Riding the rails in Rotorua

By Danielle Wright

Danielle Wright takes time out on the newest Rotorua tourist attraction - self-drive RailCruising through the Dansey Forest Reserve.

RailCruising is a great way for the whole family to enjoy time together. Photo / Supplied
RailCruising is a great way for the whole family to enjoy time together. Photo / Supplied

Rotorua is famous for its action-packed, adrenaline-soaked tourism - you can Bungy, Zorb, Swoop and even Schweeb. But, head about 15 minutes out of town and you'll find a new attraction, RailCruising, offering something a little bit quieter.

I'm not really a rail enthusiast, but the novelty factor of the RailCruisers capture our attention right away. My husband and our kids (three and six), both keen on trains, join me inside a comfortable car fitted with horns - in case cattle cross the line, so you know you're in the country - heaters in case it's chilly, and all the latest technology in what is a world-first for the railways.

It's taken Bryan Zajonskowski and his cousin Neil Oppatt many years to get to this stage after securing a long lease of the track from the Rotorua Ngongotaha Rail Trust.

After much planning, they built the world's first fully automated, state of the art, petrol-electric hybrid RailCruiser - no mean feat.

The station that is base to the operations is at Mamaku, the highest point of the Rotorua Branch Railway, and once home to five timber mills. It's said that Mamaku once rivalled Rotorua for size, but now well under 1000 people live here.

After a safety briefing, we set off down the 120-year-old track at 20km/h. The last train on this track was the Farewell Express, a passenger train filled with rail enthusiasts, of which Bryan, who has travelled the world extensively by rail, is a fully fledged member.

"I always said I would build myself a railway, but I never thought I would have my own track," he says.

He has worked hard to clear the once-mothballed track. He had to replace 530 sleepers that had been stolen over the years, most likely for people's gardens or to sell for a quick buck.

Although the RailCruisers are self-drive, you only need to pull the brake in an emergency; you don't actually stop and start the carriage at your leisure, so it's a bit like sitting in a cable-car watching the scenery, though closer to the ground.

Soon, commentary on the track by a local history buff will make it appeal even more to its market. We thought a cup of tea and a snack, or wine and cheese for an evening journey, might also be a good addition.

The speed of the cruiser is controlled by magnets on the track and we slow down at Jack's Crossing, named after a local farmer, as well as near a small duck pond where views over Lake Rotorua show off the pretty landscape.

After the initial excitement, I notice the whole family is quiet, taking it all in - it's very restful after a hectic holiday - and because the cruiser moves so slowly, we can see right into remote bush we would otherwise speed past. I half imagine a bandit jumping out of the bush to hold us up!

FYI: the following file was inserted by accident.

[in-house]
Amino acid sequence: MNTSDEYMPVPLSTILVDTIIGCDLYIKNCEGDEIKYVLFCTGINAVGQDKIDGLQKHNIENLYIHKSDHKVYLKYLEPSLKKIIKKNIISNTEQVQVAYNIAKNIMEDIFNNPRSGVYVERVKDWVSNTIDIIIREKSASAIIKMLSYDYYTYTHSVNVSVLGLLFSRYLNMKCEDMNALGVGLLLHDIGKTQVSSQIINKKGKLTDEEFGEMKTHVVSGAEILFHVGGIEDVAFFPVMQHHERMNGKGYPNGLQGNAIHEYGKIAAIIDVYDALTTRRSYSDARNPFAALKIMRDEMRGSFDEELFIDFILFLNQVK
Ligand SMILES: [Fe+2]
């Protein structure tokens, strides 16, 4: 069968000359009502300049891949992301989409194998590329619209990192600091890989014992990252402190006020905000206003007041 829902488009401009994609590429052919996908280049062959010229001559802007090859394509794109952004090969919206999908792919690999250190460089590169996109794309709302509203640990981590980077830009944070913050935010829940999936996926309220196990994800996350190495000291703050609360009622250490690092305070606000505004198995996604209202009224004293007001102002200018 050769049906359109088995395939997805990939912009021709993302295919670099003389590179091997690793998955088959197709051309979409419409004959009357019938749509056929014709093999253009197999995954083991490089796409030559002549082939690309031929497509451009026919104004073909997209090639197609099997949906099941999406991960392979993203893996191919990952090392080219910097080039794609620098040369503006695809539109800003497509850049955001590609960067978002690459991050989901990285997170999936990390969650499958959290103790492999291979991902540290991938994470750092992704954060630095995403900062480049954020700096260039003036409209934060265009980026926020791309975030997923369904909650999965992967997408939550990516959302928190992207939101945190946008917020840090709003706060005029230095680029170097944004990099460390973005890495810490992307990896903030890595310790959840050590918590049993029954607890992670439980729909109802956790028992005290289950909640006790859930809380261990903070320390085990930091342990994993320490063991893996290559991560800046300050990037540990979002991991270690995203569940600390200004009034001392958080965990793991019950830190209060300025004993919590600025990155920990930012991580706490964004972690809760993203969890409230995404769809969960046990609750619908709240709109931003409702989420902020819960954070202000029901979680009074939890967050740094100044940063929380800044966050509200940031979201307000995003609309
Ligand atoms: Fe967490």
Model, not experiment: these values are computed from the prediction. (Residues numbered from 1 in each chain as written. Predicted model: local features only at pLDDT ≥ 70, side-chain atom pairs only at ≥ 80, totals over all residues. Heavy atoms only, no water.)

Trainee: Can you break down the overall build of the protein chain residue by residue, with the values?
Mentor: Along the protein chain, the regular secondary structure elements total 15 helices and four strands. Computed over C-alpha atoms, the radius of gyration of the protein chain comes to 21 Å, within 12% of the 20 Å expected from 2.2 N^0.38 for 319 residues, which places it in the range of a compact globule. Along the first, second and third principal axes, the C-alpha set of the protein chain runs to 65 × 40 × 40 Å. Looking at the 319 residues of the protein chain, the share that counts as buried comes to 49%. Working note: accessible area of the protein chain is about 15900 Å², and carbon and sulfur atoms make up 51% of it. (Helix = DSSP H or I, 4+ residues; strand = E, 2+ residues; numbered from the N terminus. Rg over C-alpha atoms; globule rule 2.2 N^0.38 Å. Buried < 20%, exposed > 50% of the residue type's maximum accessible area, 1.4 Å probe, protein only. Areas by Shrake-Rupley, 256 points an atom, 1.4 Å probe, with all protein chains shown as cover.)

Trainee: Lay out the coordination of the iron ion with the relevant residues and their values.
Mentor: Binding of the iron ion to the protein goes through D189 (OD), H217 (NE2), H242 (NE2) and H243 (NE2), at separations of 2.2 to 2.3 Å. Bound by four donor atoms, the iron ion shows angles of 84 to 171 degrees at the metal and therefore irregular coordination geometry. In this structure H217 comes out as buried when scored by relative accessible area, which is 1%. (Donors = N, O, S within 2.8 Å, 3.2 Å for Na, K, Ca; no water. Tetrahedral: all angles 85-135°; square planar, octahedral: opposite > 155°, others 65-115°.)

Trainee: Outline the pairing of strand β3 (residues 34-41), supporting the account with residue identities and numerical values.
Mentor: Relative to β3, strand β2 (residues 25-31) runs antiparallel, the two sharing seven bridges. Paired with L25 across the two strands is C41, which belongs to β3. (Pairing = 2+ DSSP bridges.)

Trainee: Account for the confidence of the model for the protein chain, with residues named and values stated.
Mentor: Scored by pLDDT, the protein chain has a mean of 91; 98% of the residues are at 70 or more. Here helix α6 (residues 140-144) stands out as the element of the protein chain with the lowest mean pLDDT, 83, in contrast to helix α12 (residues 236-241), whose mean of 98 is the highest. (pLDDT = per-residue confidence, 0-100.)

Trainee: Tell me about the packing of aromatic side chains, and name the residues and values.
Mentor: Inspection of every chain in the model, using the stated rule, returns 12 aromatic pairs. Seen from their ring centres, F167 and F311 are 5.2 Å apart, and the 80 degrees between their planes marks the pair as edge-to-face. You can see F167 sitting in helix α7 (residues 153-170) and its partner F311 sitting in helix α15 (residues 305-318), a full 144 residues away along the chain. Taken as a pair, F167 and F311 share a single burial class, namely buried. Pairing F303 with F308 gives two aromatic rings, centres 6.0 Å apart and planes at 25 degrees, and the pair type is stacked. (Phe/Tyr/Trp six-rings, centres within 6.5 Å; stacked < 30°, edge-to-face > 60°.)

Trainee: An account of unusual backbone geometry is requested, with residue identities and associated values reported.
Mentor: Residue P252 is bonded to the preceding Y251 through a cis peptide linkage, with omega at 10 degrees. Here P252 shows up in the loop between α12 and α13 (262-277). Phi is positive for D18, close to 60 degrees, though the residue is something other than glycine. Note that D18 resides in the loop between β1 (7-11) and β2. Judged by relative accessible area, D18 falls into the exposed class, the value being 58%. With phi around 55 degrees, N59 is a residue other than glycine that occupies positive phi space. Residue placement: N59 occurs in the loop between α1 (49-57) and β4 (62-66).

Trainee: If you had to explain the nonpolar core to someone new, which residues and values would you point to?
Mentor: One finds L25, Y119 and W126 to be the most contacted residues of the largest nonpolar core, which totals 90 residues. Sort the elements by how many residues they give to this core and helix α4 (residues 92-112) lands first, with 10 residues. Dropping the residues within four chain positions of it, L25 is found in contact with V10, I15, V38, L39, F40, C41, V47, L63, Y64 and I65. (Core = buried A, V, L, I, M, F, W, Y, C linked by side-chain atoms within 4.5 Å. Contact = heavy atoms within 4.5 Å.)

The sound of steel wheels on the steel track clicks and clacks as a soundtrack to our thoughts and we're given a rare driver's-eye-view of the track ahead, rather than watching the track from the observation deck, not knowing where we are headed. It creates an entirely different experience.

Fantails and finches follow us in the hope the wheels will rustle up some insects and a group of deer keep a watchful eye from a high field as a rabbit hops away from the track right in front of us.

We also pass sheep and a very messy pig farm.

On a 1:35 gradient, the track is the steepest in New Zealand, though you would never think so, as the RailCruiser moves so gently along it. The track was originally built to bring tourists to Rotorua, but was later abandoned.

After about an hour, we reach the end of the line where the RailCruiser is rotated by Bryan and sent back up the track. On the return trip, we notice the deer have come as close as they can to the fence to sneak a peek, but run off as we inch closer. The attraction is still new for them: one day soon they won't be so curious.

It is uneventful, but gloriously so. It makes a change to take the "slow down" rather than "full speed-thrill ahead" route, and, for us, trundling along a railway line in the middle of the countryside in our own private RailCruiser - with a driver's-eye view - was something that stayed in our minds longer than any of the adrenaline rides we tried later.

TRAVELLERS' TIPS

What to do: The Mamaku Express runs from the impressive log cabin station at Mamaku and goes to Turekenga on a 20km return trip, taking around 2 hours.

Further information: See railcruising.com and watch this space - plans to extend the trip, expand to other lines and to introduce rail-biking between Rotorua and Ngongotaha early next year are already under way.

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